Why are carabiners required by the CE to hold 20 kN, yet sewn slings are rated to 22 kN, and lots of protection fails at 10 kN or less. Shouldn’t all gear have the same strength requirement?
—J. Jonstone, Charlotte, NC
The simple answer is because nuts, cams, carabiners, harnesses, ropes and every item of equipment in the chain of protection is made of
various materials, has a unique use, is loaded differently and subjected to different loads. You can’t apply one standard to all climbing gear any
more than you can use the same standard for a car’s airbag and tires. If all types of gear had the same rating as carabiners, their designs and functionality
would be compromised to the point of becoming unusable. For example, a micro nut that now breaks at the cable at 5 kN would, to achieve a carabiner’s
CE strength, require a cable so thick it wouldn’t fit through the nut itself. If all gear had the same strength rating, the rating would actually have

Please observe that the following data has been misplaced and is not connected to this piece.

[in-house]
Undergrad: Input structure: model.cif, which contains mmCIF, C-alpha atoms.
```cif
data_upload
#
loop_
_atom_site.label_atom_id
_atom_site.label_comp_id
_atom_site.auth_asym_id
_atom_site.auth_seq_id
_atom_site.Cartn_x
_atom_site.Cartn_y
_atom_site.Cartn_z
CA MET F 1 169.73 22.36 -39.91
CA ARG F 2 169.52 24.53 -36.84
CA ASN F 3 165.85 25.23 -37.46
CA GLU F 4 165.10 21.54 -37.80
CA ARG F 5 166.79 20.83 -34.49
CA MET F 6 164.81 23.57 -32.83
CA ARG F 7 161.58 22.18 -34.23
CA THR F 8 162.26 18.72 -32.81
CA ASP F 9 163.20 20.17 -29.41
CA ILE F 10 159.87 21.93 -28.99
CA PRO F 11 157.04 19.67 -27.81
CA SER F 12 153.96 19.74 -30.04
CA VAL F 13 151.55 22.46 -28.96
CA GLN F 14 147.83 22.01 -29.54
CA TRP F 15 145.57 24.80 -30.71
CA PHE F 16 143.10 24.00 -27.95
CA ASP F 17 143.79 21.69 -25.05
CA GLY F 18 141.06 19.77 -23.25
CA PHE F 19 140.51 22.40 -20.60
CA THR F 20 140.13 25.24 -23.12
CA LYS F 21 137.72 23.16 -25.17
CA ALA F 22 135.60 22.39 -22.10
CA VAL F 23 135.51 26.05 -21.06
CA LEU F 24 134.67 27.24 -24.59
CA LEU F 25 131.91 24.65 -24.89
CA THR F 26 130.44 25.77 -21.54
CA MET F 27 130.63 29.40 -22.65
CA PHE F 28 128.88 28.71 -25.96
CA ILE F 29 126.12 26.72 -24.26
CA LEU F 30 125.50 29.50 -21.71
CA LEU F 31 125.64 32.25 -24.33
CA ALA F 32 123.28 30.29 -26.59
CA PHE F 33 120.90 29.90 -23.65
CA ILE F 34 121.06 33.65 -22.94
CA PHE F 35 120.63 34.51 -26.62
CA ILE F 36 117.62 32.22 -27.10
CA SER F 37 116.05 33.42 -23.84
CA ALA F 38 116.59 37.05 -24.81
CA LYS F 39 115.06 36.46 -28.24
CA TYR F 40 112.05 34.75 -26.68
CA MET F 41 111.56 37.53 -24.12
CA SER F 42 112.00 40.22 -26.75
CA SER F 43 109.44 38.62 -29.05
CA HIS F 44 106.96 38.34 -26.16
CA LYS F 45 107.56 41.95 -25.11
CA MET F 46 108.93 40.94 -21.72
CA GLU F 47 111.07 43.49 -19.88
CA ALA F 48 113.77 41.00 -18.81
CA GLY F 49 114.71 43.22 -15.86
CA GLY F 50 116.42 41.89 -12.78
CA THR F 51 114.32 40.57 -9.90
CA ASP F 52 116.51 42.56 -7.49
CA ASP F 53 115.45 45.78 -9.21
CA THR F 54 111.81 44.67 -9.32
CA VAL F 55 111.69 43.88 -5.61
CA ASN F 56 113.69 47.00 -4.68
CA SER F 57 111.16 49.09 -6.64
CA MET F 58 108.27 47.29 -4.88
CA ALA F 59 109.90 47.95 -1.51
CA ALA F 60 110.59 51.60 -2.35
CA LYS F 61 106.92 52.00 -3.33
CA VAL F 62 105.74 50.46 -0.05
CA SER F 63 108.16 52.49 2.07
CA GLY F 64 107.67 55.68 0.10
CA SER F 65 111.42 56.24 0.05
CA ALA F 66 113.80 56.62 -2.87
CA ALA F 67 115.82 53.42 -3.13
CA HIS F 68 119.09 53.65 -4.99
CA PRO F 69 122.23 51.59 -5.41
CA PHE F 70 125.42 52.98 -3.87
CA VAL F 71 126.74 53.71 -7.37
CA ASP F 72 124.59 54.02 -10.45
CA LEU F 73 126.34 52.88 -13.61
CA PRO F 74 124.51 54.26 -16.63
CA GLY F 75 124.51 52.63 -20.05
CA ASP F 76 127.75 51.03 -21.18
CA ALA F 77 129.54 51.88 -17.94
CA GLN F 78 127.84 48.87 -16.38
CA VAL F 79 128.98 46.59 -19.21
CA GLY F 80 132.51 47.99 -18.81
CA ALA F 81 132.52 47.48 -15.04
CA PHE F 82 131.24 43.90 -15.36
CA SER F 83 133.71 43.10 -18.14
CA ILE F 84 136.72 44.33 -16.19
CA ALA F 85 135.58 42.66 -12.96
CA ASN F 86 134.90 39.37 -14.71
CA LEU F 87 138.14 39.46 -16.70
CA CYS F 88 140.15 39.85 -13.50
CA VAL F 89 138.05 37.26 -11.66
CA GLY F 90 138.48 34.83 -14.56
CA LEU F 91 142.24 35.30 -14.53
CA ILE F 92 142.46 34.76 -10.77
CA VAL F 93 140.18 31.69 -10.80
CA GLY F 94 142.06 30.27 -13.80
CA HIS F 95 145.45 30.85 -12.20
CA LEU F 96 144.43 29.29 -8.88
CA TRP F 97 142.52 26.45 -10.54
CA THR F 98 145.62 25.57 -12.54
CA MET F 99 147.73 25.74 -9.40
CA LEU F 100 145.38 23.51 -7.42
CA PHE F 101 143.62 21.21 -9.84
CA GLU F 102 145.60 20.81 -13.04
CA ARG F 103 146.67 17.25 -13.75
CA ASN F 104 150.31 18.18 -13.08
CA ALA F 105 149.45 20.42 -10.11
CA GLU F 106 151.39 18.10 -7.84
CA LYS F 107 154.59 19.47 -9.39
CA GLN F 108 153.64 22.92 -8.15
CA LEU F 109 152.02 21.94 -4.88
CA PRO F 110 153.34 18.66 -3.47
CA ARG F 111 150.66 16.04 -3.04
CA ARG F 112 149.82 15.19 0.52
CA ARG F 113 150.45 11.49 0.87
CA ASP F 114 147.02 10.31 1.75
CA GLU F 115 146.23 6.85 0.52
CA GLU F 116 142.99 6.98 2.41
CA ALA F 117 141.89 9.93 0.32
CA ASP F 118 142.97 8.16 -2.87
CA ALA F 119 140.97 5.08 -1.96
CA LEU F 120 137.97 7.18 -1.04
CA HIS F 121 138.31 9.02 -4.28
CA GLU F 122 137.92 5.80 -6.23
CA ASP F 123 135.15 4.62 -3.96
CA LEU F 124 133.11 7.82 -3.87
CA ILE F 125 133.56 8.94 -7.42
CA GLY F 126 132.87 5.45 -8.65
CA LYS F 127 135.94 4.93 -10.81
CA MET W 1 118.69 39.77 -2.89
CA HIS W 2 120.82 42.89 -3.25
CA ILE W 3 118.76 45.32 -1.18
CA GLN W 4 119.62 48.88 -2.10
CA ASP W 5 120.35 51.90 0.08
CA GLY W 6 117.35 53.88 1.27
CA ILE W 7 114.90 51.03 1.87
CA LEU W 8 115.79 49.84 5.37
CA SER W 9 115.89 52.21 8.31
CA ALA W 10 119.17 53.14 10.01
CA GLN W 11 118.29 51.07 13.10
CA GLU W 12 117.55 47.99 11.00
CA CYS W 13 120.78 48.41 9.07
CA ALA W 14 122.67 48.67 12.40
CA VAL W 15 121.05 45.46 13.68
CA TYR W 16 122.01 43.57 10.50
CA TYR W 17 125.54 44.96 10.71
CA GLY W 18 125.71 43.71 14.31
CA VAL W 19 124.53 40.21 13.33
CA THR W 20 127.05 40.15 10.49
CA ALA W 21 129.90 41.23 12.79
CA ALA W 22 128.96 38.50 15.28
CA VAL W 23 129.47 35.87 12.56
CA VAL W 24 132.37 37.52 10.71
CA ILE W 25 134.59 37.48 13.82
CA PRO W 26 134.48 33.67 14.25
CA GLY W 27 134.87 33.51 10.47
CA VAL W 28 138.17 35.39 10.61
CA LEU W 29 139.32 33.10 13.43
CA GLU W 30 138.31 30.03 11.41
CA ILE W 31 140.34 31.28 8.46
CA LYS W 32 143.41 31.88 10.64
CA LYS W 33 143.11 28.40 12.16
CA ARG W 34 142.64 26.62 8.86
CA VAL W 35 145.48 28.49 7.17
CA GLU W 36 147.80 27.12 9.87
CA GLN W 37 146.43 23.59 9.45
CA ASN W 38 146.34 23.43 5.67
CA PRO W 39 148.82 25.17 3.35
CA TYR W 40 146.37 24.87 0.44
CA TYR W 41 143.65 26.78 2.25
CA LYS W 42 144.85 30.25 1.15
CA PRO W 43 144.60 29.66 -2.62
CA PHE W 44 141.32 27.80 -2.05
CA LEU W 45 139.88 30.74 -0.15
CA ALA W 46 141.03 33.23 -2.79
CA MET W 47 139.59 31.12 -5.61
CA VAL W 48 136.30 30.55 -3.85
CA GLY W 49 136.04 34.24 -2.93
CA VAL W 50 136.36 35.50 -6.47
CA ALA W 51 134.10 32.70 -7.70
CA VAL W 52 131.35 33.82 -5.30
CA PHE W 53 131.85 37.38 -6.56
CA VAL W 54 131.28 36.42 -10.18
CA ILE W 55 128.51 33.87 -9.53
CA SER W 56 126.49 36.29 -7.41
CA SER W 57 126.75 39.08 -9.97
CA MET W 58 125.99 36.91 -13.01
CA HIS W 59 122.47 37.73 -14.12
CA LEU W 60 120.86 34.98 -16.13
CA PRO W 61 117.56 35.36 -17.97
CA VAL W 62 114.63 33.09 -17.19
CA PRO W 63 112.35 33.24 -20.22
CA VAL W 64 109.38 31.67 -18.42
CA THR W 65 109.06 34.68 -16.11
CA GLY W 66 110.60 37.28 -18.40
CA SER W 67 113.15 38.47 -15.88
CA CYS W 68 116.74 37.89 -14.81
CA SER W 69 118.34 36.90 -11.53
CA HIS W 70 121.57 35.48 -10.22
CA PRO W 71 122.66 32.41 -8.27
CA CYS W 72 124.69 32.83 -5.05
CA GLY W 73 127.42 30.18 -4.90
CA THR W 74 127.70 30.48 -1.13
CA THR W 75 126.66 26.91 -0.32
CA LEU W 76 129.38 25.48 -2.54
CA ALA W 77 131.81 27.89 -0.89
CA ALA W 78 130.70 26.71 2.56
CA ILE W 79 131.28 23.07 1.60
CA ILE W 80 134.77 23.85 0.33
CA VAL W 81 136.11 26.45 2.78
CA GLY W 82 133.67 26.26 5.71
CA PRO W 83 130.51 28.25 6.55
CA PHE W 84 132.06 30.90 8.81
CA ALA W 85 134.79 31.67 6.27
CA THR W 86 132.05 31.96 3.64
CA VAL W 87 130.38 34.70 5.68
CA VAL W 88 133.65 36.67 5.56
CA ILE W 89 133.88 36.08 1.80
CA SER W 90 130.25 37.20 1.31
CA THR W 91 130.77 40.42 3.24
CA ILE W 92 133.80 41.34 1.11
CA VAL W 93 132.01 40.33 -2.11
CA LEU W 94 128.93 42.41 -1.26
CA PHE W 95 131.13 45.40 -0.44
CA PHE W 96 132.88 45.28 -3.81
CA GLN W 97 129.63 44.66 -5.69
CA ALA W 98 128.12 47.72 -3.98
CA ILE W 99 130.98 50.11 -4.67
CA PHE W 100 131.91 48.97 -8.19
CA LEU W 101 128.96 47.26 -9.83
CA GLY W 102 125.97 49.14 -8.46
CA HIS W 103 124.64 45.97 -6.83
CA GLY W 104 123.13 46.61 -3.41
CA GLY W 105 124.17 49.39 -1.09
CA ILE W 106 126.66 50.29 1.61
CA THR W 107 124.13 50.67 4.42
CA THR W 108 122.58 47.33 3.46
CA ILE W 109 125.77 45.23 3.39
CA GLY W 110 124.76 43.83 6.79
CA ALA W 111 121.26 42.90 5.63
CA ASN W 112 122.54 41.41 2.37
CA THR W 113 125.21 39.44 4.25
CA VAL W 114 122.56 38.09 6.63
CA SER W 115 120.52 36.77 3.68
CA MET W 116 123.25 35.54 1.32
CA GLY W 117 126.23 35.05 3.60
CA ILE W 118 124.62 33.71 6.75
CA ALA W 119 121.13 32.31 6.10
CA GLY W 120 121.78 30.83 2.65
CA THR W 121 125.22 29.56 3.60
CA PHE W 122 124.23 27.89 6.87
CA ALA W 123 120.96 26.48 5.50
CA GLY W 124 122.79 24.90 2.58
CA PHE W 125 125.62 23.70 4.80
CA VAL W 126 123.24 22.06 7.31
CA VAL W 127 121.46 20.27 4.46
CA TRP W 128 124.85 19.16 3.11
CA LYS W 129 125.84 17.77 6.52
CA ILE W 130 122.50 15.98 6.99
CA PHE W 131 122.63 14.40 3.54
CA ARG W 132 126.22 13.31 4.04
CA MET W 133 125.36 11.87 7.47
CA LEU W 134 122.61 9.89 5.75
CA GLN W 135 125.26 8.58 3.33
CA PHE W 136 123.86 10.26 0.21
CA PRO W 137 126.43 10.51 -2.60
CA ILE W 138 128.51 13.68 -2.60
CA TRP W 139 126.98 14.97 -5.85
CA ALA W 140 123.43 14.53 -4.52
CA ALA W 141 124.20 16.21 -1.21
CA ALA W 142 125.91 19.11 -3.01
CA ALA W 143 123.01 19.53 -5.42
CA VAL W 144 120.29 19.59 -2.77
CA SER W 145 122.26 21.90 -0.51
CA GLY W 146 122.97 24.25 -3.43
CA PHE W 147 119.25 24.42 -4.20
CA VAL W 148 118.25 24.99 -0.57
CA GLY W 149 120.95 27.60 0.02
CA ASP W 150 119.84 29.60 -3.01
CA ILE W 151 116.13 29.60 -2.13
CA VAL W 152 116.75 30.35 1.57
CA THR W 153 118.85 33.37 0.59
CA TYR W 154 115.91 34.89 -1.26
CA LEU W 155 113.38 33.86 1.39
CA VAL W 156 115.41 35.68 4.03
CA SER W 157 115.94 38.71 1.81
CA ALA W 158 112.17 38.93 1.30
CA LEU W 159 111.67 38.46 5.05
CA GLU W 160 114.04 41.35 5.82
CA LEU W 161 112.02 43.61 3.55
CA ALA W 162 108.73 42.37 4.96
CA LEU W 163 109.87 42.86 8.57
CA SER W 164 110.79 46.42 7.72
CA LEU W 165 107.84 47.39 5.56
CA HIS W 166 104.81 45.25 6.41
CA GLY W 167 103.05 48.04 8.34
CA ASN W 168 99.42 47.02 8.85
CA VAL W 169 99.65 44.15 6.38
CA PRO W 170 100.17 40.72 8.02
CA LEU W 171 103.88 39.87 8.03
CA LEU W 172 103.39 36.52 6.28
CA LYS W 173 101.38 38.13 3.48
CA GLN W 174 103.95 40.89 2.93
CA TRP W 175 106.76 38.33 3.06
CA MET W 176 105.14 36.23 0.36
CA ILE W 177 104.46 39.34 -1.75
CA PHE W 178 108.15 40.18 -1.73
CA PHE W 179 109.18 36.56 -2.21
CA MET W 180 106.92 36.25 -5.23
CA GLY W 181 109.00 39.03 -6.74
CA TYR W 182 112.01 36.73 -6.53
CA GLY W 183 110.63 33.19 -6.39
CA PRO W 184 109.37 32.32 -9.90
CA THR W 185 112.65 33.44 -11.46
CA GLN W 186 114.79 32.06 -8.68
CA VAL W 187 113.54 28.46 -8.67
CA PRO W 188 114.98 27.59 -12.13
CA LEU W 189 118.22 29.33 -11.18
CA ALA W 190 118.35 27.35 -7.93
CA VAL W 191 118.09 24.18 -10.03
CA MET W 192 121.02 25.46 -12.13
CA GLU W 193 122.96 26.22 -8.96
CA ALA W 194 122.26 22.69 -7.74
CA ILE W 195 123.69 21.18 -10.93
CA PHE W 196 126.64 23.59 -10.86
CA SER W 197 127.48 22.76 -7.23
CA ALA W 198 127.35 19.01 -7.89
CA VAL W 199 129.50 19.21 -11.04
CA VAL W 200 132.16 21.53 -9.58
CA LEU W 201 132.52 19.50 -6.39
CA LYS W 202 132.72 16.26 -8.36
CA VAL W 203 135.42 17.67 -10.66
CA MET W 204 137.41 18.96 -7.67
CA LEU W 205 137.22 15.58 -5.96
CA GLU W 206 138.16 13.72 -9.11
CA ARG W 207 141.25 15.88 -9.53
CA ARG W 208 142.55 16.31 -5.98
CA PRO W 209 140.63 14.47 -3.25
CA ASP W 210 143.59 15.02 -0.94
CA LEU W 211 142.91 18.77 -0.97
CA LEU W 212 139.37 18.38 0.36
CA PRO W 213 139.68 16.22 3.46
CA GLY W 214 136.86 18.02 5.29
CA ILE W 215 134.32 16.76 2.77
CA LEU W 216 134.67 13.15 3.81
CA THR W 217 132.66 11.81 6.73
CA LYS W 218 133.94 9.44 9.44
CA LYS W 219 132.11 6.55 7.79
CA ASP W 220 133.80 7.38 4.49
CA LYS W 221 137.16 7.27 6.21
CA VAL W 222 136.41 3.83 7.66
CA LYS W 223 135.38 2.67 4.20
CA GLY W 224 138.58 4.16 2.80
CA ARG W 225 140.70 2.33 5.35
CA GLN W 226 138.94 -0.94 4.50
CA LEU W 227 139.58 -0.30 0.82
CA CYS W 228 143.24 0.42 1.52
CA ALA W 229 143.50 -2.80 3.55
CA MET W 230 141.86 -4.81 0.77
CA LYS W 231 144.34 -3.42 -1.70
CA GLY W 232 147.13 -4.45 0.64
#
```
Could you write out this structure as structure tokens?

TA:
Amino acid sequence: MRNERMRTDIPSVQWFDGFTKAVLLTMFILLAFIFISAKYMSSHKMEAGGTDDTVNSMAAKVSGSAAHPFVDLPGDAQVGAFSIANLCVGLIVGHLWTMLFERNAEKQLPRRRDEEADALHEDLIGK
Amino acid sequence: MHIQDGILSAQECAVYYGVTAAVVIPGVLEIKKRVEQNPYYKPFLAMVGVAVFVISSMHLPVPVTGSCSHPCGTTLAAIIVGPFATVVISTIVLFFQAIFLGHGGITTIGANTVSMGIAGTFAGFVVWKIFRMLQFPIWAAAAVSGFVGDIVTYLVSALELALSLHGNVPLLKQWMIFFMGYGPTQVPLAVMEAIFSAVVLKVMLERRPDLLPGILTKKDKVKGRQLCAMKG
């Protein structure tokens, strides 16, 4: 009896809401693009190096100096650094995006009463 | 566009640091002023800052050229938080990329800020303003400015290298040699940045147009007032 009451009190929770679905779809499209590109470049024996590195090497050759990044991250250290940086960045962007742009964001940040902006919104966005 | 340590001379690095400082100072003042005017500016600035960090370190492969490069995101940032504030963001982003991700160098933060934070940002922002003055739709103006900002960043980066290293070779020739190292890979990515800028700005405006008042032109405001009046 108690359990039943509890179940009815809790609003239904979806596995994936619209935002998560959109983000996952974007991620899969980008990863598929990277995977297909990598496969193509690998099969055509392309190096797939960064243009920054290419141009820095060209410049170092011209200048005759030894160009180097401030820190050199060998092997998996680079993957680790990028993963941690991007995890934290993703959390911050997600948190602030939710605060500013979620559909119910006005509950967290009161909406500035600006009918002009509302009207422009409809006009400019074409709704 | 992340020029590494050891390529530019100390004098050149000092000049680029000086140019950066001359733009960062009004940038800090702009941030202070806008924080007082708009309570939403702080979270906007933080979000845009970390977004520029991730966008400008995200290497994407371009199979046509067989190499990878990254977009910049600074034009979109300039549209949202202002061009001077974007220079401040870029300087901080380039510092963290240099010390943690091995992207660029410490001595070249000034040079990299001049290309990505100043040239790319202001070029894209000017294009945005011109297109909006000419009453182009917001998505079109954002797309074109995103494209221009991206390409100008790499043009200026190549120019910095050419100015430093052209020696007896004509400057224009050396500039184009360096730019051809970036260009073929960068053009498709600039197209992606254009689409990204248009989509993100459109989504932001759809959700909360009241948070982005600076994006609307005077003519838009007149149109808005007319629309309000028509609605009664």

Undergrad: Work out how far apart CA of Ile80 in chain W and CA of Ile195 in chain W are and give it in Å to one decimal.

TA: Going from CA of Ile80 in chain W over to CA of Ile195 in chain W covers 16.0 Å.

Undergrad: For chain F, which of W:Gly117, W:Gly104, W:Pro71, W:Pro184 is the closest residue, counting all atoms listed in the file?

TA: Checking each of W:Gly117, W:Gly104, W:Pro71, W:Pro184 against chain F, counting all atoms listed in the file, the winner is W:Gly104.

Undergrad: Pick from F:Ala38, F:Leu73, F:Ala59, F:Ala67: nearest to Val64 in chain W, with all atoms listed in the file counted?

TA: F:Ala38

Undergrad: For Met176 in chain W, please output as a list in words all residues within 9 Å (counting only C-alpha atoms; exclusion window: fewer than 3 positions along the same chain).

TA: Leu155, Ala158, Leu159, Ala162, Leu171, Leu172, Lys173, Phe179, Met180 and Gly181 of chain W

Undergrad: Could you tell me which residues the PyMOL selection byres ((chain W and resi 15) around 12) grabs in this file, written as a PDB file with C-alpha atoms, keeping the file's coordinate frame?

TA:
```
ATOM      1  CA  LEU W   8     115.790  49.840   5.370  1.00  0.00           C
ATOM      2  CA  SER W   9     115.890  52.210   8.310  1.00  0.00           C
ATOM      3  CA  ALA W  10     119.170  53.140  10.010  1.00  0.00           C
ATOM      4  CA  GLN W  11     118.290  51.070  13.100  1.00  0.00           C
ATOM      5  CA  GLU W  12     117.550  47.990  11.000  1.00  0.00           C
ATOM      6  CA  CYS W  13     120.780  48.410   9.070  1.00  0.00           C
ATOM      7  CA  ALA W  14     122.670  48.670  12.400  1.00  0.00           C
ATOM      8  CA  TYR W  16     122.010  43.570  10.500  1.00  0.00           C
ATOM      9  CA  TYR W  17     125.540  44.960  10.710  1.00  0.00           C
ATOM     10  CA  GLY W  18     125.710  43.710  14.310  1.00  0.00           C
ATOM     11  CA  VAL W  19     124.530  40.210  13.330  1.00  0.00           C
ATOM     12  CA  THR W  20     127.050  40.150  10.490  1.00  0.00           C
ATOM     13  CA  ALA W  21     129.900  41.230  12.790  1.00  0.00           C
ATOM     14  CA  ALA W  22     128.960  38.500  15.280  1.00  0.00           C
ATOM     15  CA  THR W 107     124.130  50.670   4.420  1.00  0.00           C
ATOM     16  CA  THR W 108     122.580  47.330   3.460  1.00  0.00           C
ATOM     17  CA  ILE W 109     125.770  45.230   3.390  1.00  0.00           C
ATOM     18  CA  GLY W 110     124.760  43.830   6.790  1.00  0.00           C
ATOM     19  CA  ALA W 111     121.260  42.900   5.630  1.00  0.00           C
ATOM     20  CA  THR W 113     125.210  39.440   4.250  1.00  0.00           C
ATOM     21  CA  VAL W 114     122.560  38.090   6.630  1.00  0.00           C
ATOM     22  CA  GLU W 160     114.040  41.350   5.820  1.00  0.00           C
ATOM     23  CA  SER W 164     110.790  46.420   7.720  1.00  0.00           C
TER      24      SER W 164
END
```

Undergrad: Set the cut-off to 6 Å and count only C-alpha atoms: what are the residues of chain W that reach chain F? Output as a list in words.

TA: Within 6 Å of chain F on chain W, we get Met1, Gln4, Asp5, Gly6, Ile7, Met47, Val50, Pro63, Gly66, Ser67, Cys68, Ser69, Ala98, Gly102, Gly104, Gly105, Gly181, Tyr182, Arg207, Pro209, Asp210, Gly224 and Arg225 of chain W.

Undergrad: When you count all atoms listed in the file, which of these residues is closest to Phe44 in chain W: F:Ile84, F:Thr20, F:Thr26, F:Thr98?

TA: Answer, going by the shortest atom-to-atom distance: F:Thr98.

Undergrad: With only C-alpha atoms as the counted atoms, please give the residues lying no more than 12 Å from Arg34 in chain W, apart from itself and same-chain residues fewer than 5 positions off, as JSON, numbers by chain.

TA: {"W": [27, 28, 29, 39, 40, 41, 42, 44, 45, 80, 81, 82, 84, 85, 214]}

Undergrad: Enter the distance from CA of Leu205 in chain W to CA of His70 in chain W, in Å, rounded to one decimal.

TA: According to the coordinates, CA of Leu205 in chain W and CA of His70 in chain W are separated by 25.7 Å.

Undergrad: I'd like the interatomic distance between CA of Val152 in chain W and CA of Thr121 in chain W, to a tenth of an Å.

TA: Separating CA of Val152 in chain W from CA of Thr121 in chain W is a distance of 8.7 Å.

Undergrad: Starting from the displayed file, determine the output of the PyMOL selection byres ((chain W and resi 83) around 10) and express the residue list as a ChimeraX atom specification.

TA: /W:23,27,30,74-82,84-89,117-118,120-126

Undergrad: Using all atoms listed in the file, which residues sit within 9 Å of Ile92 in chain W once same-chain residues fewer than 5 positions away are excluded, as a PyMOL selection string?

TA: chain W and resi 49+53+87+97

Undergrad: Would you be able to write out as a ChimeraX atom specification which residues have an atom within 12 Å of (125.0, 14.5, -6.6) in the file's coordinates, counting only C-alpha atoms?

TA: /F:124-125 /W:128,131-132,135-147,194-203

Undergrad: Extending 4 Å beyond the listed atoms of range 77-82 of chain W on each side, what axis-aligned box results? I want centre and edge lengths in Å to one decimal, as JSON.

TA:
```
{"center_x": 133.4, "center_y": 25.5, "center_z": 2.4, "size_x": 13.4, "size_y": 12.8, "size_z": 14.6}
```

to decrease— not increase—down to the lowest common denominator, since nuts and cams could never achieve a strength equal to that of a
sling. Slings are required to test to 22 kN because it is practical and economical to manufacture them to that rating. So why not? Also, since slings
are used for all purposes from assembling a belay to clipping bolts, they need to be strong enough to never fail in any application, and do so even
after they have lost some strength from wear and tear. Gear Guy has spoken!
This article was published in Rock an Ice issue 228 (August 2015).